I had Zoom Whitening done in preparation for a crown I needed. My dentist told me that if I ever wanted to brighten my smile, now was the time to do it, because the crown’s color couldn’t be change afterwards. The tooth isn’t visible all the time. It’s on my top, but two spaces over from the front. Anyway, I went in for the Zoom Whitening and had the crown done about a month later. The dentist assured me it would look fantastic. When I looked at it afterwards, the crown was slightly darker than the rest of my teeth. I didn’t get to see it until after it was cemented, so now I’m stuck with it.
The dentist told me that he used the whitest shade possible, and that it only appears darker because it’s closer to the back of my mouth. He also said that it wouldn’t get noticed, because it’s not part of my smile… except it is. I can see it when I smile in the mirror, and I have looked at it in all sorts of lighting. I complained about it over the phone, and the office lady told me that my teeth would darken over time, and it would match. I’m really frustrated. Are they right and should I leave it, or should I insist that the dentist fix it? — Marilyn
It sounds like your doctor doesn’t have a whole lot of experience when it comes to cosmetic dentistry or Zoom Whitening. You may want to have another dentist handle any of your future cosmetic needs.
First of all, he didn’t use the whitest shade possible. It sounds like he used the whitest “natural shade,” but now that you’ve had Zoom Whitening, your teeth are incredibly bright. Although they’re not a shade that’s seen in untreated teeth, they’re likely a very common shade for whitened teeth, and he should have ordered a lighter color to suit. Therefore, it’s not your imagination- that tooth probably doesn’t match the rest of your teeth, and, given its position, of course you can see it. It’s part of your smile line, and he should have known this and taken extra care when selecting a shade. Moreover, he should have allowed you to look at the crown before it was put on. It’s very odd that he didn’t have you try it in and give you a chance to examine it before it was permanently cemented.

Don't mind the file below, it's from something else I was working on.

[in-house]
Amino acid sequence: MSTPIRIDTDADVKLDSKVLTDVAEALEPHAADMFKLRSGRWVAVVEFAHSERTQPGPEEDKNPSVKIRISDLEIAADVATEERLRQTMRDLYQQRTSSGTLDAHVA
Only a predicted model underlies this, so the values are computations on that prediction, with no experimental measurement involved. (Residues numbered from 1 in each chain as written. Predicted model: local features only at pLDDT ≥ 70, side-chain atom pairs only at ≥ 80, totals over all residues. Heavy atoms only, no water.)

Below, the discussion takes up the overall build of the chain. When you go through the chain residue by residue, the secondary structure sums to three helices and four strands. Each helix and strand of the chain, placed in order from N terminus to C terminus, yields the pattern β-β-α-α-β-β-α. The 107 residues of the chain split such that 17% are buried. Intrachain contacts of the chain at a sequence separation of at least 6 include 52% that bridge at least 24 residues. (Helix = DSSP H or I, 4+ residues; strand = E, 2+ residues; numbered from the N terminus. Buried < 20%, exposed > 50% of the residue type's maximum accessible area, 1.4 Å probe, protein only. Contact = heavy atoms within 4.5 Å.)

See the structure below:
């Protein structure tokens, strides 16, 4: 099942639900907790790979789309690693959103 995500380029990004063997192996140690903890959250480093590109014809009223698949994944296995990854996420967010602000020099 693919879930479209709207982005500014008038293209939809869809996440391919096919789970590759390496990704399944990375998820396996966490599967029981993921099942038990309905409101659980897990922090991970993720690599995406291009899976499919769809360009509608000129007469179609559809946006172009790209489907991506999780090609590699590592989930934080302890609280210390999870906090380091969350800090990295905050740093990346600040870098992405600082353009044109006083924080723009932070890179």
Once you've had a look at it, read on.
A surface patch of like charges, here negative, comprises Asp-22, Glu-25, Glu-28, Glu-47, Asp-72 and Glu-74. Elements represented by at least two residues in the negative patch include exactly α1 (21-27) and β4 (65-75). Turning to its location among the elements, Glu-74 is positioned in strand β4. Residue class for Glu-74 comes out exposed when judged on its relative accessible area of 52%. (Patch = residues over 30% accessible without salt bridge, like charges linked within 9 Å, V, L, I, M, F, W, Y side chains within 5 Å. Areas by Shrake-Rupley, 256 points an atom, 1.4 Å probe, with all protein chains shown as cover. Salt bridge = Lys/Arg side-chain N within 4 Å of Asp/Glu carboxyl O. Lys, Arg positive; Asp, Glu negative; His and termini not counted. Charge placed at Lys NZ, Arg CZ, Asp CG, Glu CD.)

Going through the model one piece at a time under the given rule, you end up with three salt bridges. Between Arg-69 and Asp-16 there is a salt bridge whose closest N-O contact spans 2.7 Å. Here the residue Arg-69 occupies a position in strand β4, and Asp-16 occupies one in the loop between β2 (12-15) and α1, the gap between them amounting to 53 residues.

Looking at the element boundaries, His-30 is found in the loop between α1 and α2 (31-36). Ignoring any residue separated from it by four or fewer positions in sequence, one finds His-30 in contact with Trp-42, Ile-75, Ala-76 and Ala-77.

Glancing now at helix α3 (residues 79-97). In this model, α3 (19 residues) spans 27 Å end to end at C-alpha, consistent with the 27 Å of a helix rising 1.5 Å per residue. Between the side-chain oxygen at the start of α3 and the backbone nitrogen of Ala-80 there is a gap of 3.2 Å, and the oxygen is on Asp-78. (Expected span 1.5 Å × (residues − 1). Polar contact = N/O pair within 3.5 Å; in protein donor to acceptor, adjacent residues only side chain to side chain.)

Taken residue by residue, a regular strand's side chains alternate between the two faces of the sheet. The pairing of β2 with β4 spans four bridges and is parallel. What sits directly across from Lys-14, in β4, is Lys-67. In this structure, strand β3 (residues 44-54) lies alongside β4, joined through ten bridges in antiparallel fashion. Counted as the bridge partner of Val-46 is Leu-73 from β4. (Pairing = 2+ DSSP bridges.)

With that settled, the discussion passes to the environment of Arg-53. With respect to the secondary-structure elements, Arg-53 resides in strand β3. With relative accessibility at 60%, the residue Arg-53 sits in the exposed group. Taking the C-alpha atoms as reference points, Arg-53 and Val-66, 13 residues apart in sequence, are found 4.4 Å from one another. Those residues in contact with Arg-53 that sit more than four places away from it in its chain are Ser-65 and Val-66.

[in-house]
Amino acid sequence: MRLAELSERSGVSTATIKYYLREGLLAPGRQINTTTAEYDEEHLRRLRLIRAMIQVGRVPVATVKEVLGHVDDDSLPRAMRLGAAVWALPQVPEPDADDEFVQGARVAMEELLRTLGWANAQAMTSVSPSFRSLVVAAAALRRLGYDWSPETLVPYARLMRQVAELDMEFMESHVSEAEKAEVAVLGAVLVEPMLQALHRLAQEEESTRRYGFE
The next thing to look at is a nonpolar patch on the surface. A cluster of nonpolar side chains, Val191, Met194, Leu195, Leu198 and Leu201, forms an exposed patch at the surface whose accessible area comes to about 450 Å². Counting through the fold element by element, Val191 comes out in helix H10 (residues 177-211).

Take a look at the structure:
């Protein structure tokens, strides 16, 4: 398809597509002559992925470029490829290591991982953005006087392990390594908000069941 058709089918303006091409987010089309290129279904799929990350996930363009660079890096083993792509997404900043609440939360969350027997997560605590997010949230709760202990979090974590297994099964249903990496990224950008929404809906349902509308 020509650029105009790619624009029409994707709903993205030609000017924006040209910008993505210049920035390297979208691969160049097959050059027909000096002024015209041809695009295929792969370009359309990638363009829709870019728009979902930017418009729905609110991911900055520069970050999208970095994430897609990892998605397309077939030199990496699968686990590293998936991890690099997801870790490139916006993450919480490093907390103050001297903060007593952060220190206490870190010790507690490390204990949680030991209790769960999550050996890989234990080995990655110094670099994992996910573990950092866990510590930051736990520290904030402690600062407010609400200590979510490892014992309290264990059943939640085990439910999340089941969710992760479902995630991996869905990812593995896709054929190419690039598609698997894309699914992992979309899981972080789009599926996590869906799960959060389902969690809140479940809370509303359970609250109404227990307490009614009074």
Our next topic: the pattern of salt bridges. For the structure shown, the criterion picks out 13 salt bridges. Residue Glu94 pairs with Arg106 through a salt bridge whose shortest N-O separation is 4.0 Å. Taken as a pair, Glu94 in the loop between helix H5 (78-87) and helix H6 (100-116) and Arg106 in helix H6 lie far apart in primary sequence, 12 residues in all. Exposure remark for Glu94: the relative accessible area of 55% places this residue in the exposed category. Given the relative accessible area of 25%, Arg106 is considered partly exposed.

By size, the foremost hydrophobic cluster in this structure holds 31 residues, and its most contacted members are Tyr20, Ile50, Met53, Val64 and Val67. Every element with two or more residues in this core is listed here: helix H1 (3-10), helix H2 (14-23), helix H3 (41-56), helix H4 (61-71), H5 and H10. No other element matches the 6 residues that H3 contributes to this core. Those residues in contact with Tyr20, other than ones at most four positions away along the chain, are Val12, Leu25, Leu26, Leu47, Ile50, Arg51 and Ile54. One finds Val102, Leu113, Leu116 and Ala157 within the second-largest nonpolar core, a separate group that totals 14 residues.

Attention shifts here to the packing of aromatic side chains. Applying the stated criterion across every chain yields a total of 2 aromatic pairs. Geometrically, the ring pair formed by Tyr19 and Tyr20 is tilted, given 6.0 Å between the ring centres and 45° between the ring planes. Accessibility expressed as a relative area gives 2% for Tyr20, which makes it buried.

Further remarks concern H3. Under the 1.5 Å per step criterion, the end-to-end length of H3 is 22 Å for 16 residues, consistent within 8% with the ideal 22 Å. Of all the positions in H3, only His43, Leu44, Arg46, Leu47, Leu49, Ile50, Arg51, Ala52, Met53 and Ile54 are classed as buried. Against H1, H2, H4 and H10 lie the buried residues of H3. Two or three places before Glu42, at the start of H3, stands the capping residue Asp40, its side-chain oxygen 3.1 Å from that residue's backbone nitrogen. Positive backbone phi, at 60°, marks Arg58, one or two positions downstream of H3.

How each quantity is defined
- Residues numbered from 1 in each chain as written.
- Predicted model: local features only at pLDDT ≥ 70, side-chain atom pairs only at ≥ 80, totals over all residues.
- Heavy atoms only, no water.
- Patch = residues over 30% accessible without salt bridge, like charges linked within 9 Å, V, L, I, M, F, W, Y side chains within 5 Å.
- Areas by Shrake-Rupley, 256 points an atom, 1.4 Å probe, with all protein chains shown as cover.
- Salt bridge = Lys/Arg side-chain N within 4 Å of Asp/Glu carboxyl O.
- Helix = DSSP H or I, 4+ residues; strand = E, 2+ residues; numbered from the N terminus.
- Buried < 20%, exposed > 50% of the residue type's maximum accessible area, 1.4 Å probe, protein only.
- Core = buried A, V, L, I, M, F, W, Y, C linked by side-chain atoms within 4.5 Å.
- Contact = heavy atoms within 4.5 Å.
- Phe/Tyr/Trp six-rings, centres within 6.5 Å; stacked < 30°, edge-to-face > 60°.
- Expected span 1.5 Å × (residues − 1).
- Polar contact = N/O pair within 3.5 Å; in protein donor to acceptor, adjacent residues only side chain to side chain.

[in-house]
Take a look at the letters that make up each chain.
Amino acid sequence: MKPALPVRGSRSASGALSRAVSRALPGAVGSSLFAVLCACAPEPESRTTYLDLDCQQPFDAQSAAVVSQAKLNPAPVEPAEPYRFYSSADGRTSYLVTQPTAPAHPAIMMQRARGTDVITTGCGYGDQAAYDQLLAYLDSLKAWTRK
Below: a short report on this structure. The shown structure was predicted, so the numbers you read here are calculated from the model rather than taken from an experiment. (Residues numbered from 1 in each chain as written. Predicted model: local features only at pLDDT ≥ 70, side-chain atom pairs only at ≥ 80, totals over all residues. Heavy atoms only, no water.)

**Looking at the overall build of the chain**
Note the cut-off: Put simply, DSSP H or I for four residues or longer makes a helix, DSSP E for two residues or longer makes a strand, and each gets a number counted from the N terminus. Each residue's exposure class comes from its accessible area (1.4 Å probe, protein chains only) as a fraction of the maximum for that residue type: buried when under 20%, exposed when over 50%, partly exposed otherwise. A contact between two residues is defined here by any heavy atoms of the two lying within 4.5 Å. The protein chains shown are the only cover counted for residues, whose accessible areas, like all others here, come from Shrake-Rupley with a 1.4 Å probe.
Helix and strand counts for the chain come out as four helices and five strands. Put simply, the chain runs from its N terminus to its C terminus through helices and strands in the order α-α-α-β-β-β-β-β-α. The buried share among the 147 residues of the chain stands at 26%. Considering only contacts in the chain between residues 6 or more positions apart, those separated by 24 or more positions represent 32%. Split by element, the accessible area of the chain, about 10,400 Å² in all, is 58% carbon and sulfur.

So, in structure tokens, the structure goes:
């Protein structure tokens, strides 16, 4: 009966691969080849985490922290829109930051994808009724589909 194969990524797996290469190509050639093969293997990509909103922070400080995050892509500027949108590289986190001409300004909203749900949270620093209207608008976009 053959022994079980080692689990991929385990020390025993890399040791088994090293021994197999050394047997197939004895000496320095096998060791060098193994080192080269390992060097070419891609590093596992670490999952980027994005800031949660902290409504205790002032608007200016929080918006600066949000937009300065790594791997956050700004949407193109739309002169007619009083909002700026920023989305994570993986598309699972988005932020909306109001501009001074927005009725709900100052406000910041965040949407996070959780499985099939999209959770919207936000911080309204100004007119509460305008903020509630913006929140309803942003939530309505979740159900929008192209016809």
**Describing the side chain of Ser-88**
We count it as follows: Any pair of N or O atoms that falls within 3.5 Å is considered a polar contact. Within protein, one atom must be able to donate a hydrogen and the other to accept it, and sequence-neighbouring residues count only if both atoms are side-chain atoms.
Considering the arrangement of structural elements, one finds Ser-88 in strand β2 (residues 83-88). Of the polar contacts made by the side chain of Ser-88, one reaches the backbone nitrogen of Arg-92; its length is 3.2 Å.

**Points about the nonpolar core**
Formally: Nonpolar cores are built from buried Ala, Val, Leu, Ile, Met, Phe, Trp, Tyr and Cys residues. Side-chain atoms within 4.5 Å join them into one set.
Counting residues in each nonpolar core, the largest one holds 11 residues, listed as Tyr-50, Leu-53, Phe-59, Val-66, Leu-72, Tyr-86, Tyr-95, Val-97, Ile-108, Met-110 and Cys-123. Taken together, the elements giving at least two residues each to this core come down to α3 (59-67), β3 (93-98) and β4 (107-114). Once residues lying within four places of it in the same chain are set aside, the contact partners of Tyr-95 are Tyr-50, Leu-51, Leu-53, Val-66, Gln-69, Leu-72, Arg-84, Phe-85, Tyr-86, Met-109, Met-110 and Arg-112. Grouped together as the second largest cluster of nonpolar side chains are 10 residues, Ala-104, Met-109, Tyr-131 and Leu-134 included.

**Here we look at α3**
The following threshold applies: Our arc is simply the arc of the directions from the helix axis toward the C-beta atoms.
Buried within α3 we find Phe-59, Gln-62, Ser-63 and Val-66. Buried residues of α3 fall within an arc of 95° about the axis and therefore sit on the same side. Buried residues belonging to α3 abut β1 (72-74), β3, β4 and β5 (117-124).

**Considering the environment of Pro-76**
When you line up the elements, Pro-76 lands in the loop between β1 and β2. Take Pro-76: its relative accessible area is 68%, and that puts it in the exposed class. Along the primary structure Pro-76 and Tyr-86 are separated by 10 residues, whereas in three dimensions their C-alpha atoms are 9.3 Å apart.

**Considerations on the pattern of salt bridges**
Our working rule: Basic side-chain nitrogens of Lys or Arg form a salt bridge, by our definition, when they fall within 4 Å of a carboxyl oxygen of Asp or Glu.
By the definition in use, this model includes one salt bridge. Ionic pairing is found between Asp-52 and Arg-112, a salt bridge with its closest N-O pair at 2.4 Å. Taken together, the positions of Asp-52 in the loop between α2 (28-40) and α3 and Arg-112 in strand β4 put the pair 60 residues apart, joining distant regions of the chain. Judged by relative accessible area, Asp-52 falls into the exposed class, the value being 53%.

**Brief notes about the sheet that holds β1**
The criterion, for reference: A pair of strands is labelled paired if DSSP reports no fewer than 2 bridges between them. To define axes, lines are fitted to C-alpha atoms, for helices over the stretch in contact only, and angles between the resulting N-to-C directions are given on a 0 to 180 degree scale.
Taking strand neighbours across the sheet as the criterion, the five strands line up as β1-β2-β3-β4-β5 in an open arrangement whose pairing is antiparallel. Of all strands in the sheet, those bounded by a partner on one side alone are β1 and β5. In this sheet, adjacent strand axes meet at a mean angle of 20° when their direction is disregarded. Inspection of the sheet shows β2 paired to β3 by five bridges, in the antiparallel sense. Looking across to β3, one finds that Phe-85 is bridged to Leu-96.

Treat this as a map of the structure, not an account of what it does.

As you acknowledged, you can’t change the color of the new crown, and the individual who told you that the other teeth would “catch up,” was sorely mistaken. Teeth will take on a whole different hue depending on your habits, and there’s no telling if or when the crown will ever match. The real problem, however, is that you paid extra to have all of your teeth white, and to have that crown match, and you should have received what you expected. At this point, the only way to make it match is to have it redone, and the doctor should be willing to correct it for you without hassle.